Origin of strangles
- to kill by squeezing the throat in order to compress the windpipe and prevent the intake of air, as with the hands or a tightly drawn cord.
- to kill by stopping the breath in any manner; choke; stifle; suffocate.
- to prevent the continuance, growth, rise, or action of; suppress: Censorship strangles a free press.
- to be choked, stifled, or suffocated.
Origin of strangle
SynonymsSee more synonyms on Thesaurus.com
Examples from the Web for strangles
As we saw when the B-2 came under attack the moment that it was unveiled, it strangles the pro-bomber case.Is the Pentagon’s $55 Billion Stealth Bomber Too Big a Secret?
September 22, 2014
Exclusiveness is a constricting cord that strangles progress.The Better Germany in War Time
Oh, I know all the problems of security and how it strangles work.Security
Ernest M. Kenyon
He tears away the golden cord from his hat, and strangles himself.The Robbers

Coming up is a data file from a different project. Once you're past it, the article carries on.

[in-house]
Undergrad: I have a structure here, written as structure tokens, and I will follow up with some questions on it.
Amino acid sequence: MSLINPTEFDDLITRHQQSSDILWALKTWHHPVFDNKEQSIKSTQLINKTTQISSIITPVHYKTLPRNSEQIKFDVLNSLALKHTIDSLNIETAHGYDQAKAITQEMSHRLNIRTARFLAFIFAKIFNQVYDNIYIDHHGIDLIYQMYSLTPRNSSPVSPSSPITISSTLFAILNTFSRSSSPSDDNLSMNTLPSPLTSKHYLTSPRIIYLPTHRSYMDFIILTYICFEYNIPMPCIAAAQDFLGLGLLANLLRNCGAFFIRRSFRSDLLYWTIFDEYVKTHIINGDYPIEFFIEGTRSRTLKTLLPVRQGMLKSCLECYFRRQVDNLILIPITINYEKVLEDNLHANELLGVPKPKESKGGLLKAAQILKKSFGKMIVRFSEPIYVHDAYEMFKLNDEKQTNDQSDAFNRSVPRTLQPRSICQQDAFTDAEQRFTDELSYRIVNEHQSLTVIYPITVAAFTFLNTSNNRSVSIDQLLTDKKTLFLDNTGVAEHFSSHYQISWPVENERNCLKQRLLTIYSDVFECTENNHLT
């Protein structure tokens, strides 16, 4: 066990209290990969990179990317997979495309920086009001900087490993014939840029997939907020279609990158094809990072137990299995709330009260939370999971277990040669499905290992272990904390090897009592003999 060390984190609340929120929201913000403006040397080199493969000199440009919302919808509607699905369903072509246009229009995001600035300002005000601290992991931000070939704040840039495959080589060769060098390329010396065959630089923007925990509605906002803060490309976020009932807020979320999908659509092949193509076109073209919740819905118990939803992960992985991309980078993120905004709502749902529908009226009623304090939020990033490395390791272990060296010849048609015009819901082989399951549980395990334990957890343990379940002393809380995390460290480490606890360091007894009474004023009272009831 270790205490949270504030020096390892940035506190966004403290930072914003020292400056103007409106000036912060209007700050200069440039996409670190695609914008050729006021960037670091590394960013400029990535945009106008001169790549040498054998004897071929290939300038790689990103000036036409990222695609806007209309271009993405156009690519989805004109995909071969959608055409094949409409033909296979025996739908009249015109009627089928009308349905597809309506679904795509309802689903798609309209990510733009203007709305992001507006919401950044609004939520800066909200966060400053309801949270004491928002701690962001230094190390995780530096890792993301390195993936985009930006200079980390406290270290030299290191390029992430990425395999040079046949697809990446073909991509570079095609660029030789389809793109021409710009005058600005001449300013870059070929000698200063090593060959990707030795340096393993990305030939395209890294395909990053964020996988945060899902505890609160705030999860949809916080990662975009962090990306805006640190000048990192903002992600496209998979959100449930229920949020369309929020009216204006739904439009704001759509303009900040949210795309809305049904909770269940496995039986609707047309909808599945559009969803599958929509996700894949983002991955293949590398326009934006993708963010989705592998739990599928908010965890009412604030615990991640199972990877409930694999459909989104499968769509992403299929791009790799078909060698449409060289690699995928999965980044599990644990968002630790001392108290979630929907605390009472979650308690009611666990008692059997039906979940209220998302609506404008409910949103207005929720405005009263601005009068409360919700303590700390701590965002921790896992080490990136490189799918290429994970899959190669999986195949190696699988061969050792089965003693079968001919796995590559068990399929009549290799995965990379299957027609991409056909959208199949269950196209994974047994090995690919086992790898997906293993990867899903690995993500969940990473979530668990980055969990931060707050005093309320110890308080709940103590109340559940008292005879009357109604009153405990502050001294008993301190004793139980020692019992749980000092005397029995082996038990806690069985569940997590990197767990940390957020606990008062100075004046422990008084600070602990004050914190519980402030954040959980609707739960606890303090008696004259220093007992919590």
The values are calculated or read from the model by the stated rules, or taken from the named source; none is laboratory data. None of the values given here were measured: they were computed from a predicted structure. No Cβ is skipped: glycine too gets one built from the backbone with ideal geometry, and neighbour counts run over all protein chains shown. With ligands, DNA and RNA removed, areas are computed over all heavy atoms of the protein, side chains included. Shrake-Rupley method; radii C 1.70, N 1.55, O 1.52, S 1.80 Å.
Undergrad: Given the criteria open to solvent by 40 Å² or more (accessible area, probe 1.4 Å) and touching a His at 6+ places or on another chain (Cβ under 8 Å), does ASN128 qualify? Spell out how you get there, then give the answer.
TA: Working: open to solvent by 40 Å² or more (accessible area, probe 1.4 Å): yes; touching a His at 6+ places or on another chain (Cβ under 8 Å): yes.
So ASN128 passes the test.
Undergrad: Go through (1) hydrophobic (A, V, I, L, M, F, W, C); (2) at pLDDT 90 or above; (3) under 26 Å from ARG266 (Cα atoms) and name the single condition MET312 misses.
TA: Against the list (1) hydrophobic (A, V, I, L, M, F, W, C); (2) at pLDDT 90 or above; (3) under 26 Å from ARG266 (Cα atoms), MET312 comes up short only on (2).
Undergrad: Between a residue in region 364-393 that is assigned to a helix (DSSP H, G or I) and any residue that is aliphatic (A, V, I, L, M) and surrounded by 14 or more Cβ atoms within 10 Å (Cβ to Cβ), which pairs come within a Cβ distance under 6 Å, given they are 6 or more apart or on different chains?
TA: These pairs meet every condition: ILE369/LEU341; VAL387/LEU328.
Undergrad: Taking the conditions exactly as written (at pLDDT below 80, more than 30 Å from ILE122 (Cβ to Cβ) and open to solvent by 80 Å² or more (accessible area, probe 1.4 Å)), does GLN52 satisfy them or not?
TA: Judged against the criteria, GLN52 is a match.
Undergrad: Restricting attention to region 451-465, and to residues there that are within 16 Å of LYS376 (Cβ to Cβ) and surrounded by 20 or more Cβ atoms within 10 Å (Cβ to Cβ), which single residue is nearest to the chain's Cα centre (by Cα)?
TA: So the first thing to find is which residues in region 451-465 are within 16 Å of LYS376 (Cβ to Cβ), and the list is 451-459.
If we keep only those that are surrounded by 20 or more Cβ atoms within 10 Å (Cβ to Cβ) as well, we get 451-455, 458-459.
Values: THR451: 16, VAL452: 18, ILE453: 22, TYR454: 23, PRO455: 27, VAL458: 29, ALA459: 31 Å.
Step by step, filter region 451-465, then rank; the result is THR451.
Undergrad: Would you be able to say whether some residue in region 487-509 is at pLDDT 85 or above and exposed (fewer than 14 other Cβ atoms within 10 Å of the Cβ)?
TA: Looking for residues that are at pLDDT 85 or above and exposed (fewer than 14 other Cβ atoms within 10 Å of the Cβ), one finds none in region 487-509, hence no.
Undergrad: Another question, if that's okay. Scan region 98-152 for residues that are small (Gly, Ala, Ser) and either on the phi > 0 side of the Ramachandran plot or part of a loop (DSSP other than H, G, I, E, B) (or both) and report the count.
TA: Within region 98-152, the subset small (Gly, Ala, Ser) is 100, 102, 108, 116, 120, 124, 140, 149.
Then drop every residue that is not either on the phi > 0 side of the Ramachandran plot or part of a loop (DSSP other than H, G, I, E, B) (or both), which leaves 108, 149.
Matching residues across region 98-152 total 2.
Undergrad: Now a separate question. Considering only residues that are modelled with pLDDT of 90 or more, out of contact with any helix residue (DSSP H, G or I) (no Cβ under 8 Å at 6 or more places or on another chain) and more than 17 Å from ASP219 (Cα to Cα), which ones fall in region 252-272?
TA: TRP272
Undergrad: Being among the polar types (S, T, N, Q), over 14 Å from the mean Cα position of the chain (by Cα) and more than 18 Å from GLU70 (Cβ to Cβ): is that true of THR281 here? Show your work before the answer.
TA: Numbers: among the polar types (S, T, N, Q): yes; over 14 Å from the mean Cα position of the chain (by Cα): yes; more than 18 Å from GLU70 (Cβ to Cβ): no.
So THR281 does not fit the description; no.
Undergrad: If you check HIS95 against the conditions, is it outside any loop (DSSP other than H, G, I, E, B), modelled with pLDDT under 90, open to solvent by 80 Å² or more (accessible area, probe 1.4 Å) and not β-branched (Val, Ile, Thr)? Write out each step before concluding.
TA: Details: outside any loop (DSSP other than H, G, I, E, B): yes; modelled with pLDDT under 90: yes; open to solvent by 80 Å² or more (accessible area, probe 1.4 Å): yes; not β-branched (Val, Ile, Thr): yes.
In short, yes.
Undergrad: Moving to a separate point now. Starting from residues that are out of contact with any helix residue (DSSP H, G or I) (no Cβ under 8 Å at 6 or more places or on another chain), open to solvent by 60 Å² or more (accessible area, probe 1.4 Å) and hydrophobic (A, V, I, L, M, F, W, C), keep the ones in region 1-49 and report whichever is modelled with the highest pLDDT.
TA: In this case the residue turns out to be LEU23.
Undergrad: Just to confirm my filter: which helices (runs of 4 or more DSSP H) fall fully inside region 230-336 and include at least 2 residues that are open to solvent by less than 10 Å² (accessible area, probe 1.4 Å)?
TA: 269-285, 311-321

It comes right up to other people, strangles them, or drags them along with it.The Goose Man
It stifles the spirit of progress and strangles its pioneers.Flowers of Freethought
George W. Foote
- (functioning as singular) an acute bacterial disease of horses caused by infection with Streptococcus equi, characterized by inflammation of the mucous membranes of the respiratory tract, resulting in abscesses and a nasal dischargeAlso called: equine distemper
- (tr) to kill by compressing the windpipe; throttle
- (tr) to prevent or inhibit the growth or development ofto strangle originality
- (tr) to suppress (an utterance) by or as if by swallowing suddenlyto strangle a cry
Word Origin and History for strangles
c.1300, from Old French estrangler, from Latin strangulare "to choke, stifle, check, constrain," from Greek strangalan "choke, twist," from strangale "a halter, cord, lace," related to strangos "twisted," from PIE root *strenk- "tight, narrow; pull tight, twist" (see strain (v.)). Related: Strangled; strangling.
- To compress the trachea so as to prevent sufficient passage of air; suffocate.